More work needed to implement Ginsburg’s vision of social and economic justice

Anna Moneymaker

Supreme Court Justice Ruth Bader Ginsburg is being justly celebrated for advancing constitutional equality and being a wonderful role model for women. But she also should be remembered for several significant opinions she wrote that made corporate law more responsive to contemporary needs. 

Issues in that legal area which are mostly decided under state law usually don’t make it to the U.S. Supreme Court unless they arise under the federal securities laws. Yet in two cases there, Justice Ginsburg made prosecution of corporate corruption easier. One of them expanded the scope of insider trading to safeguard the integrity of our securities markets. Because of her opinion in U.S. v. O’Hagan it is now a crime not just for corporate officials to use significant non-public information to buy or sell stock but for anyone else who misappropriates it.   

And thanks to another High Court decision that Justice Ginsburg wrote, it is easier for victims of securities fraud to remedy that injustice. Writing for the court in Tellabs, Inc. v. Makor Issues and Rights, Ltd., she held that shareholders who plead cogent evidence of such wrongdoing should be allowed to maintain civil suits against those who have cheated them.    

The justice began that opinion with this strong endorsement of those legal actions, stating that they not only give redress to those wronged by such dishonest activity but also serve to deter it. “The court has long recognized that meritorious private actions to enforce federal antifraud securities laws are an essential supplement to criminal prosecutions and civil enforcement actions brought respectively by the Department of Justice and the Securities and Exchange Commission.”

But the most important contribution that Justice Ginsburg made to the development of corporate law came in her dissent in Hobby Lobby, a case that was notorious but in quite a different way than that adjective has been used to describe the justice herself.  There, all the shares of a corporation with thousands of employees were owned by the members of one family. They challenged the Affordable Care Act’s mandate that their firm had to provide its workers with health care that included certain types of birth control because it violated their religious beliefs.

Hobby Lobby came before the court just several years after Citizens United, a case that struck down a law prohibiting political contributions by corporations because it violated their First Amendment rights to free speech. Justice Ginsburg had dissented there as well, finding no intent in the Constitution to give corporations free speech rights. Her objections in Hobby Lobby, however, were even more pronounced. As she began her opinion, “In a decision of startling breadth, the Court holds that commercial enterprises, including corporations…can opt out of any law…they judge incompatible with their sincerely held religious beliefs.”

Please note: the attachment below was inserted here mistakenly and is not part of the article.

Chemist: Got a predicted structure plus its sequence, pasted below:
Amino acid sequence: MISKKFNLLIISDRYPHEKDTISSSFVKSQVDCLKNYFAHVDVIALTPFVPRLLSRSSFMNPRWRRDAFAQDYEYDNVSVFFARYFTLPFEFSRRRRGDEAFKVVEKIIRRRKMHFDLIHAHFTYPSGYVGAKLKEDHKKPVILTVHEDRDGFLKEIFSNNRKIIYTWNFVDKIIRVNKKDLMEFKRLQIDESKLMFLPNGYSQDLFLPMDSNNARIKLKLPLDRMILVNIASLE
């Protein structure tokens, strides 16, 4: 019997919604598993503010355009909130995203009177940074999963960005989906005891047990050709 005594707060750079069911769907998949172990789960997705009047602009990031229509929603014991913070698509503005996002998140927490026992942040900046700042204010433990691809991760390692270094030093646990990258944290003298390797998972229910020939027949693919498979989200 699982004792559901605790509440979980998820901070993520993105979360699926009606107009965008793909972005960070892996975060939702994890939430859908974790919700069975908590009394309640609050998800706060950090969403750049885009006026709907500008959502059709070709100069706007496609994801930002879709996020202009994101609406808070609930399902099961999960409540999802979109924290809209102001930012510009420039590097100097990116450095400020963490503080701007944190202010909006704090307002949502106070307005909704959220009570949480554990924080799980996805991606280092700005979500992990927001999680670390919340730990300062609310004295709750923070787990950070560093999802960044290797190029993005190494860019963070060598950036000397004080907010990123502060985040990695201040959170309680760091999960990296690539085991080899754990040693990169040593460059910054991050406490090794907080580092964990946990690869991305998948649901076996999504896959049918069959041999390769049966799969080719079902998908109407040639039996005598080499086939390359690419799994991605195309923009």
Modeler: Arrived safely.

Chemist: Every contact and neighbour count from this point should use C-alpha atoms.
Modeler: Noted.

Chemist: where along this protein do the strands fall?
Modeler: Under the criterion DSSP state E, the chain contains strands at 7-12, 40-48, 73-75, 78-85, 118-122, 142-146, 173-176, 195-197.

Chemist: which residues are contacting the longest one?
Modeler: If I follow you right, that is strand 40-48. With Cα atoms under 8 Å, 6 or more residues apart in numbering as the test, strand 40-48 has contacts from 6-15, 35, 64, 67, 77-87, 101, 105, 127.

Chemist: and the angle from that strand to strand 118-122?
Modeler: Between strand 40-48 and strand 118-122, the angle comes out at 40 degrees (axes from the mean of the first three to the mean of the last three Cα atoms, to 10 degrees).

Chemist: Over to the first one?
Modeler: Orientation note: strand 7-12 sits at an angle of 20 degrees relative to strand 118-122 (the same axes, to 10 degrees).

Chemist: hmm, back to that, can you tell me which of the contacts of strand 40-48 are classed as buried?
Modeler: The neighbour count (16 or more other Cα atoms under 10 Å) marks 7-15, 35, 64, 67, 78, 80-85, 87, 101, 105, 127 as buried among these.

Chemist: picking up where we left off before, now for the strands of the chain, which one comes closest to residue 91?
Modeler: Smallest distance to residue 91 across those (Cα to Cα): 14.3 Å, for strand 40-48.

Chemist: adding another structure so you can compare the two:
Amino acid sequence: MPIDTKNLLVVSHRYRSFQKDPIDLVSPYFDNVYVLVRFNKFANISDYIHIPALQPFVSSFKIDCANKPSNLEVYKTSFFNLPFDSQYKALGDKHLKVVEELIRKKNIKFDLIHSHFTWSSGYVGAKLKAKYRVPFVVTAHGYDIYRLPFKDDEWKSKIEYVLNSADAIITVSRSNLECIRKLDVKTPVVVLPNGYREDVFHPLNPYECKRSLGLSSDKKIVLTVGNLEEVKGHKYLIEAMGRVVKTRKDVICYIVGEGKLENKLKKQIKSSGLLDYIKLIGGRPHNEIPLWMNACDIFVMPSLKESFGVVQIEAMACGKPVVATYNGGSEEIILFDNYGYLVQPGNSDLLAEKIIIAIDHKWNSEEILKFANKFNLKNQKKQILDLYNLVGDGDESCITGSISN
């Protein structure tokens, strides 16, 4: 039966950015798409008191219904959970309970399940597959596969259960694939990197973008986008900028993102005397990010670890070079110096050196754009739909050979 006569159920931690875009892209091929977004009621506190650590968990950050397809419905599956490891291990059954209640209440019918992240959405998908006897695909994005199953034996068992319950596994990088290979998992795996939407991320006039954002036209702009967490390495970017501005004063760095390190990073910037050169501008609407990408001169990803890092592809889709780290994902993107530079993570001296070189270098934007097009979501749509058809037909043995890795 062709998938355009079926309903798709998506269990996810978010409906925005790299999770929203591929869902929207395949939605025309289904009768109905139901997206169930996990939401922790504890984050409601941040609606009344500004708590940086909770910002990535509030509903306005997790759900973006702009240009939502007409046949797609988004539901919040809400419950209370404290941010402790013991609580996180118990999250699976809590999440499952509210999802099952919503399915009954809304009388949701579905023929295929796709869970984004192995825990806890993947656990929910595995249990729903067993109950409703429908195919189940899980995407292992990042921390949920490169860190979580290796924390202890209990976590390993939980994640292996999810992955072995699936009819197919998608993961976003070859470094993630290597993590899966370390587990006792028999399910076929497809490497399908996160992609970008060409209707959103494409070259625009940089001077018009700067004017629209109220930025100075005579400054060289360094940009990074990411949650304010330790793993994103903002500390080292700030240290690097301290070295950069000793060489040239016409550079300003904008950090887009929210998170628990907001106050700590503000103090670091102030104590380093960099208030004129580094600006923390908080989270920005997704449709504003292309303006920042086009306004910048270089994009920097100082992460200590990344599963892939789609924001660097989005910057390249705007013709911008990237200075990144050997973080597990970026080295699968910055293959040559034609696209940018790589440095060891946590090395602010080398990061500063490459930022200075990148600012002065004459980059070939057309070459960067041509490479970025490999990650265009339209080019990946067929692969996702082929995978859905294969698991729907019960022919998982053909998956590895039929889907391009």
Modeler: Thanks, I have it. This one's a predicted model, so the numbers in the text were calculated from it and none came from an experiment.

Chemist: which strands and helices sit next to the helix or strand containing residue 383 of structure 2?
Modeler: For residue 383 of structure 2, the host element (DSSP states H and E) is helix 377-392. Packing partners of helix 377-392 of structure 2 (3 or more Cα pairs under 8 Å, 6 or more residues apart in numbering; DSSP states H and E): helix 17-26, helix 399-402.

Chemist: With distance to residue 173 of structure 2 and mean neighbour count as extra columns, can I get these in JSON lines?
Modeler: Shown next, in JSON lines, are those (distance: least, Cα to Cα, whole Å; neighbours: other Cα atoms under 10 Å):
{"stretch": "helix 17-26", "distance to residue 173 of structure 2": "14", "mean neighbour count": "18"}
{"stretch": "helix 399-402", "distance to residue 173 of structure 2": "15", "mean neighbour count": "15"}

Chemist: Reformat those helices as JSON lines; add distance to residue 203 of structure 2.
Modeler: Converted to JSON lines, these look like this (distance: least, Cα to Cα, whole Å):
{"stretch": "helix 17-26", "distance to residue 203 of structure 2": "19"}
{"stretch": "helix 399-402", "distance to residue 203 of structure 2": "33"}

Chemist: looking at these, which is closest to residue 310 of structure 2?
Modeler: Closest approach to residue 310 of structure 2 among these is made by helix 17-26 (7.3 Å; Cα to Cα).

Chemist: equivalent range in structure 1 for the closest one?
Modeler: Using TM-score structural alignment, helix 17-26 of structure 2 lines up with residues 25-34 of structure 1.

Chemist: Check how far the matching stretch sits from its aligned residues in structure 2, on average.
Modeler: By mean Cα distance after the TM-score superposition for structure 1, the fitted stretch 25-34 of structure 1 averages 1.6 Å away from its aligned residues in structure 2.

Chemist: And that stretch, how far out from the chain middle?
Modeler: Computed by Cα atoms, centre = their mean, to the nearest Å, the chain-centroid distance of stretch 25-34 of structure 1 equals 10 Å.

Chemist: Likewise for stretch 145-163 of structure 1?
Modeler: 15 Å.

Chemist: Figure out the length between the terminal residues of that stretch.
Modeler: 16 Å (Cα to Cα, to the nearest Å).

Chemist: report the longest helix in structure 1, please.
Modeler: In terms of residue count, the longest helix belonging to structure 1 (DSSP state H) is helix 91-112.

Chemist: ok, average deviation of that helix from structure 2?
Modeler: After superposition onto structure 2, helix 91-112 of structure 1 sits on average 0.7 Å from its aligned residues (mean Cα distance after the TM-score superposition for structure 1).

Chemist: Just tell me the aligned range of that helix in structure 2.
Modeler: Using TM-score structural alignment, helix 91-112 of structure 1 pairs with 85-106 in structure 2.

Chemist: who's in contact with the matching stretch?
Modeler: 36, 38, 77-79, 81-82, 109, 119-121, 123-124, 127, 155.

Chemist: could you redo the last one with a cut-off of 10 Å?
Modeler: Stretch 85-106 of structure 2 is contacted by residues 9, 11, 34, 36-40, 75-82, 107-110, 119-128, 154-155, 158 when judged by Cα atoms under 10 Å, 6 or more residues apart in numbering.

She then summed up Congress’s reasoning for requiring companies to include birth control in their health plans with these comments that reflected her strong commitment to gender equality, “The ability of women to participate equally in the economic and social life of the Nation has been facilitated by their ability to control their reproductive lives.” She went on to articulate a much broader view of the corporation than the one the majority sustained, where all its participants, such as its employees, should have their interests taken in account in its governance. 

Corporate leaders have recently come, at least in theory, to recognize the wisdom of the justice’s views. In August, 2019 the Business Roundtable issued a statement that the purpose of corporations should not just be to make money for their shareholders but to serve the needs of their stakeholders as well. But commentators have found that the actions of many of those companies during the pandemic belied their aspirations such as laying off workers or skimping on protections for their health and safety.  

Much more needs to be done to implement Justice Ginsburg’s admirable vision of social and economic justice. Yet we were fortunate to have her as a pathfinder there during her marvelous tenure on the High Court.

Daniel J. Morrissey is a professor and former dean at Gonzaga University Law School.

Tags Burwell v. Hobby Lobby Stores, Inc. Citizens United v. FEC Hobby Lobby Judges Jurists Ruth Bader Ginsburg Supreme Court of the United States Tellabs Inc. U.S. Supreme Court United States corporate law

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